In one of your posts, you said you got solaris1 "Bad address". When do you get this? I recall only ever seeing this during boot. It might be that your netmask-file is causing the problem so adjust it first, reboot and see if you get a network connection.
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Author Comment

by:NoviceASP
ID: 8144534
I made a mistake on my last comment. I actually have 192.168.10.0  255.255.255.0 on /etc/netmasks

I changed /.rhosts but it didn't make any difference.

I have a quick question regarding the arp command, why does it show 255.255.255.255 on the mask field for solaris1 and solaris2?
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Author Comment

by:NoviceASP
ID: 8144545
on etc/inet/networks I have:

loopback 127
private  192.168.10
0
 

Author Comment

by:NoviceASP
ID: 8144616
on etc/inet/networks I have:

loopback 127
private  192.168.10
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LVL 1

Expert Comment

by:nrosier
ID: 8144764
if you do 192.168.10.1 AND 255.255.255.255 you get 192.168.10.1 so a "network" consisting of 1 host. Never got why they show that (multicast is different though) as 1 IP can only have 1 MAC. Inverse is possible. 1 MAC can have multiple IP.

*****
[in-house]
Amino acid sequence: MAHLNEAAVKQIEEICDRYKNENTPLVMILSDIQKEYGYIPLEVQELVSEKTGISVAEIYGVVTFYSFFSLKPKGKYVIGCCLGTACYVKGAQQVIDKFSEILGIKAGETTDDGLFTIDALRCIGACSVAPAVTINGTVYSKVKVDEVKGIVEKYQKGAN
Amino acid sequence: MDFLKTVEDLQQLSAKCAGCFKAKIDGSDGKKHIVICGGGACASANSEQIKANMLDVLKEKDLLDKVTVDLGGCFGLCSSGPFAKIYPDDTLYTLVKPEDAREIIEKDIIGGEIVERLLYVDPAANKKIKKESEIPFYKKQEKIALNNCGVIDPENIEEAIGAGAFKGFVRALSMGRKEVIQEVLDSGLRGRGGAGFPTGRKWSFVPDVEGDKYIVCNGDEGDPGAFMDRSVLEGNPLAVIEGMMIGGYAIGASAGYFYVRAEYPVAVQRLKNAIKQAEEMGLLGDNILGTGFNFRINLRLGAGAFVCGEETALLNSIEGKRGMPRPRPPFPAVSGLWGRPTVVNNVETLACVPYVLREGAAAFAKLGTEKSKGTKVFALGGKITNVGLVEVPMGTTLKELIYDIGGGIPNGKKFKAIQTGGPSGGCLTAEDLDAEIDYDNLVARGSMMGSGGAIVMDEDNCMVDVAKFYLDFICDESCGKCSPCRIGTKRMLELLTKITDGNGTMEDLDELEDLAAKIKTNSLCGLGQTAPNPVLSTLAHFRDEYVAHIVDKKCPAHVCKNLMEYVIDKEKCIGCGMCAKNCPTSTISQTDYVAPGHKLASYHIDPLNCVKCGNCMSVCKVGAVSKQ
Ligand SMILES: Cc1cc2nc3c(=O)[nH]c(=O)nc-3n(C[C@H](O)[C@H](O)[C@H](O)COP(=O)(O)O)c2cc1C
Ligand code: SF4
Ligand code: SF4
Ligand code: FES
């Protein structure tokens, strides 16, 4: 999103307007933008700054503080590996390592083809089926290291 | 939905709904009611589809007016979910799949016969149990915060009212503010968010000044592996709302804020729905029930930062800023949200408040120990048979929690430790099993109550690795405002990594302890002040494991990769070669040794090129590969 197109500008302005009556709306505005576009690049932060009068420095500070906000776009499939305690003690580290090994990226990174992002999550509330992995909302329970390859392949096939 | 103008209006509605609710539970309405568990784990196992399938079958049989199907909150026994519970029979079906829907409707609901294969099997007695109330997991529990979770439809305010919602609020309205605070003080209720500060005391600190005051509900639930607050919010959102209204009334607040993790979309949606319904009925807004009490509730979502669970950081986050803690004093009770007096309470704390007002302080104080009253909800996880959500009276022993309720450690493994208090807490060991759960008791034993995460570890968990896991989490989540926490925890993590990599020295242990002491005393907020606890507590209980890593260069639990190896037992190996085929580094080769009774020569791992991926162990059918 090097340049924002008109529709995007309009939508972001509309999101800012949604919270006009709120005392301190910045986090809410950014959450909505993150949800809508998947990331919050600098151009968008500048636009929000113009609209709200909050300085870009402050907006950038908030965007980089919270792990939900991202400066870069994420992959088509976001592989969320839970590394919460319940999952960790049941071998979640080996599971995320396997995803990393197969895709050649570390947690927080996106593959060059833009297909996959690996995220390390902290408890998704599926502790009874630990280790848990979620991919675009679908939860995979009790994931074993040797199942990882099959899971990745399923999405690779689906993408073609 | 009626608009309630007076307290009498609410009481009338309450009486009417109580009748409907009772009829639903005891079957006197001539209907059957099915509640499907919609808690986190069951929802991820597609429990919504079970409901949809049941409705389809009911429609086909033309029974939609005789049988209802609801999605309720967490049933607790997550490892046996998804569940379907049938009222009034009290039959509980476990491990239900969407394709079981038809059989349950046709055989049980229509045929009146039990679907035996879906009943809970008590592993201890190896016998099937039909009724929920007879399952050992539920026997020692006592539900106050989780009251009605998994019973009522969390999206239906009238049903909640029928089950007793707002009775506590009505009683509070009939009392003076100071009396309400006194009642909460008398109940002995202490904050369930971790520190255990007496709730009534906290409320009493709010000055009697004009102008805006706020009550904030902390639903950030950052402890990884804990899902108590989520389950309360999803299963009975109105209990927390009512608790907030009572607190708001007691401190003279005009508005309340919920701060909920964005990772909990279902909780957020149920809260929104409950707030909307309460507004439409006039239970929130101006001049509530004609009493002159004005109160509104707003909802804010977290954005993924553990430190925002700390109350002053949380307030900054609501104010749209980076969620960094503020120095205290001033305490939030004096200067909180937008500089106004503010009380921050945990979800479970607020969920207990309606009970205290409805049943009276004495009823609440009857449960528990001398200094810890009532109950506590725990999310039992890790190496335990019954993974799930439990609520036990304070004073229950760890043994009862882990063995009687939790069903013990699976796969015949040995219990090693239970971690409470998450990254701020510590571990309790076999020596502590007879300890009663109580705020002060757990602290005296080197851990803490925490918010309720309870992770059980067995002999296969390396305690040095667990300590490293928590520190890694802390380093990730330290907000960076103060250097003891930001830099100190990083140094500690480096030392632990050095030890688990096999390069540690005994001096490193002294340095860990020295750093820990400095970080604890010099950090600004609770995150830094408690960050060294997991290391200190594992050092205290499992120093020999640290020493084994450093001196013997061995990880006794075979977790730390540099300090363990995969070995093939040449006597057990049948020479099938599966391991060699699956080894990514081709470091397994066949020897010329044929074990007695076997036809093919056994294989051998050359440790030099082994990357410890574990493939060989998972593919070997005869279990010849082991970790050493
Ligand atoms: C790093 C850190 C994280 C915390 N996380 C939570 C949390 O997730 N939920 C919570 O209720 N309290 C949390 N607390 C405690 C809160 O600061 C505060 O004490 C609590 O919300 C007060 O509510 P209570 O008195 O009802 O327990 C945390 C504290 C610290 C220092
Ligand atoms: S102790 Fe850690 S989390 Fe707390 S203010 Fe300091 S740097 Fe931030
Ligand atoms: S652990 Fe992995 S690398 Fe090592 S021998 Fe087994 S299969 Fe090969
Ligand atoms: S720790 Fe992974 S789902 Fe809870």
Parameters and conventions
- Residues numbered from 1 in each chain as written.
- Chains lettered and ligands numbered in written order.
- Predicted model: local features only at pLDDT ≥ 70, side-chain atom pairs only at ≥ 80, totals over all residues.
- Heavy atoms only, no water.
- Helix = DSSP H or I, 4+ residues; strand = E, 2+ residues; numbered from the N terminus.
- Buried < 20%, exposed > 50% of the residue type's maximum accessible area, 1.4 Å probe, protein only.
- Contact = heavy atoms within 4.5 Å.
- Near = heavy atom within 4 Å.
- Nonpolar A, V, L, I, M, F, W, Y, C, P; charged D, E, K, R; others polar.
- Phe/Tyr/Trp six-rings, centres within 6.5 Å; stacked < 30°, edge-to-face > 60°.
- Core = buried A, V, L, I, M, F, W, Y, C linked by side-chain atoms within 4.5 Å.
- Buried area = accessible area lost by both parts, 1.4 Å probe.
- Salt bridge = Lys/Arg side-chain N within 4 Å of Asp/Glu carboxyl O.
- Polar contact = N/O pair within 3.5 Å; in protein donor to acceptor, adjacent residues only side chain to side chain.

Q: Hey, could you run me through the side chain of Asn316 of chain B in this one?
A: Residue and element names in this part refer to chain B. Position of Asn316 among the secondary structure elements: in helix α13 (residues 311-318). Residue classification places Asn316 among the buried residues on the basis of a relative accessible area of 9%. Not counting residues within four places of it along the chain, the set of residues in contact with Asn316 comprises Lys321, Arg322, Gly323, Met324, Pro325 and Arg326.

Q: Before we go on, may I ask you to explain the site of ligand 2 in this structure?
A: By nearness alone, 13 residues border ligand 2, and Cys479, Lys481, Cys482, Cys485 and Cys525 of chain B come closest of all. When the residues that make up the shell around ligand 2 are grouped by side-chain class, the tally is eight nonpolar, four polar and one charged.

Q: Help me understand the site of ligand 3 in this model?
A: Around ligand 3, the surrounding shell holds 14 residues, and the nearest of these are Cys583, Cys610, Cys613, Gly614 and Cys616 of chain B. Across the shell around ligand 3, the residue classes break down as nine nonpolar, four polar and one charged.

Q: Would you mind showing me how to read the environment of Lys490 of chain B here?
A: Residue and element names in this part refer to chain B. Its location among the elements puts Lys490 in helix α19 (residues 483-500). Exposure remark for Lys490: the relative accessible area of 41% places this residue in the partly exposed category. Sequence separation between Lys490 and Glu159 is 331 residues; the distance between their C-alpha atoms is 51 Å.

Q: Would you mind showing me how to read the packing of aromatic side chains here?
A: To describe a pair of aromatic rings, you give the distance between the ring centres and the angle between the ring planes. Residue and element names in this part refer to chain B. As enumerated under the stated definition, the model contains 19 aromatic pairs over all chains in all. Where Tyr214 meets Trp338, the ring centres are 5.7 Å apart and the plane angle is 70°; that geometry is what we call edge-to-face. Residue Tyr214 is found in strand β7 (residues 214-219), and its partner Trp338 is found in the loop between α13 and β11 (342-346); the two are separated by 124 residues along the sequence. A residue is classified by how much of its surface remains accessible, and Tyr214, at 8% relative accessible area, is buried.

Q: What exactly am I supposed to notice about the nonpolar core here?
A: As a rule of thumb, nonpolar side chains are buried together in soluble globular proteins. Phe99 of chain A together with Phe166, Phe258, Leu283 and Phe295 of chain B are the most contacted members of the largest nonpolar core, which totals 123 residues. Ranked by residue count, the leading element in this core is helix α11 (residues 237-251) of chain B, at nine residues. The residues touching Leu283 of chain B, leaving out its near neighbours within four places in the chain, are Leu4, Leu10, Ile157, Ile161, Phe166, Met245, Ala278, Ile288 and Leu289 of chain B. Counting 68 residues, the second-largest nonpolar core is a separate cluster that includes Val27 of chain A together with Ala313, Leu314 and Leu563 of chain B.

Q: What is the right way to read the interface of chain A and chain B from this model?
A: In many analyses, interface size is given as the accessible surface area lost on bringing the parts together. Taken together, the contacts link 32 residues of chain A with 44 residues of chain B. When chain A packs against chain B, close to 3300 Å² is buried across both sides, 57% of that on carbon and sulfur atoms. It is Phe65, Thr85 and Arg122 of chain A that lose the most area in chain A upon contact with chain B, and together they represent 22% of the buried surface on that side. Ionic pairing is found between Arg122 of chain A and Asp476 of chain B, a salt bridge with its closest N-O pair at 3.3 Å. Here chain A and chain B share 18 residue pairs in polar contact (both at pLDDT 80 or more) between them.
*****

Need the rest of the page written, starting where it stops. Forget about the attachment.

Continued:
Never seen private in /etc/inet/networks before; did you put it in there or was it setup during installation.

Just forget about rcp, rsh, .rhosts etc... you need to get a working network; i.e. arp -a shows the other hosts with a MAC-address and you can ping in between. Nothing to do with .rhosts.

Is your system on the HCL for Solaris x86? I've used Sol8 and  9 on my laptop and have never had that much trouble setting up the network.
0
 

Author Comment

by:NoviceASP
ID: 8144778
I didn't understand the first paragraph of your most recent comment.

The entry on /etc/inet/networks was added by me.

My systems are in the HCL, the motherboards, the video cards and the network cards.
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LVL 1

Expert Comment

by:nrosier
ID: 8146155
The netmask is used to determine the network-part of your ip-address by doing a logical AND operation of the address and the netmask. So 255.255.255 means that the 1st 3 numbers make up your network. 255.255.255.255 means that the entire number is your "network", so a network that can only hold 1 IP. Since an IP can only be connected to 1 NIC (so 1 MAC) in the same network, the netmask is kind of irrelevant when looking at the ARP-table.

Why did you add that line to /etc/inet/networks? Is there a special reason why it's needed?
0
 

Author Comment

by:NoviceASP
ID: 8187304
The last thing I tried was two different network adapters and the communication problem was resolved immediately.

It was really hard to find hardware compatible with Solaris 7, however I found two Intel EtherExpress PRO/10+ ethernet cards and they work PERFECT!

Regarding the transfer, I'm using the rcp command and it's fine with me.

Thank you for your time.

Best regards!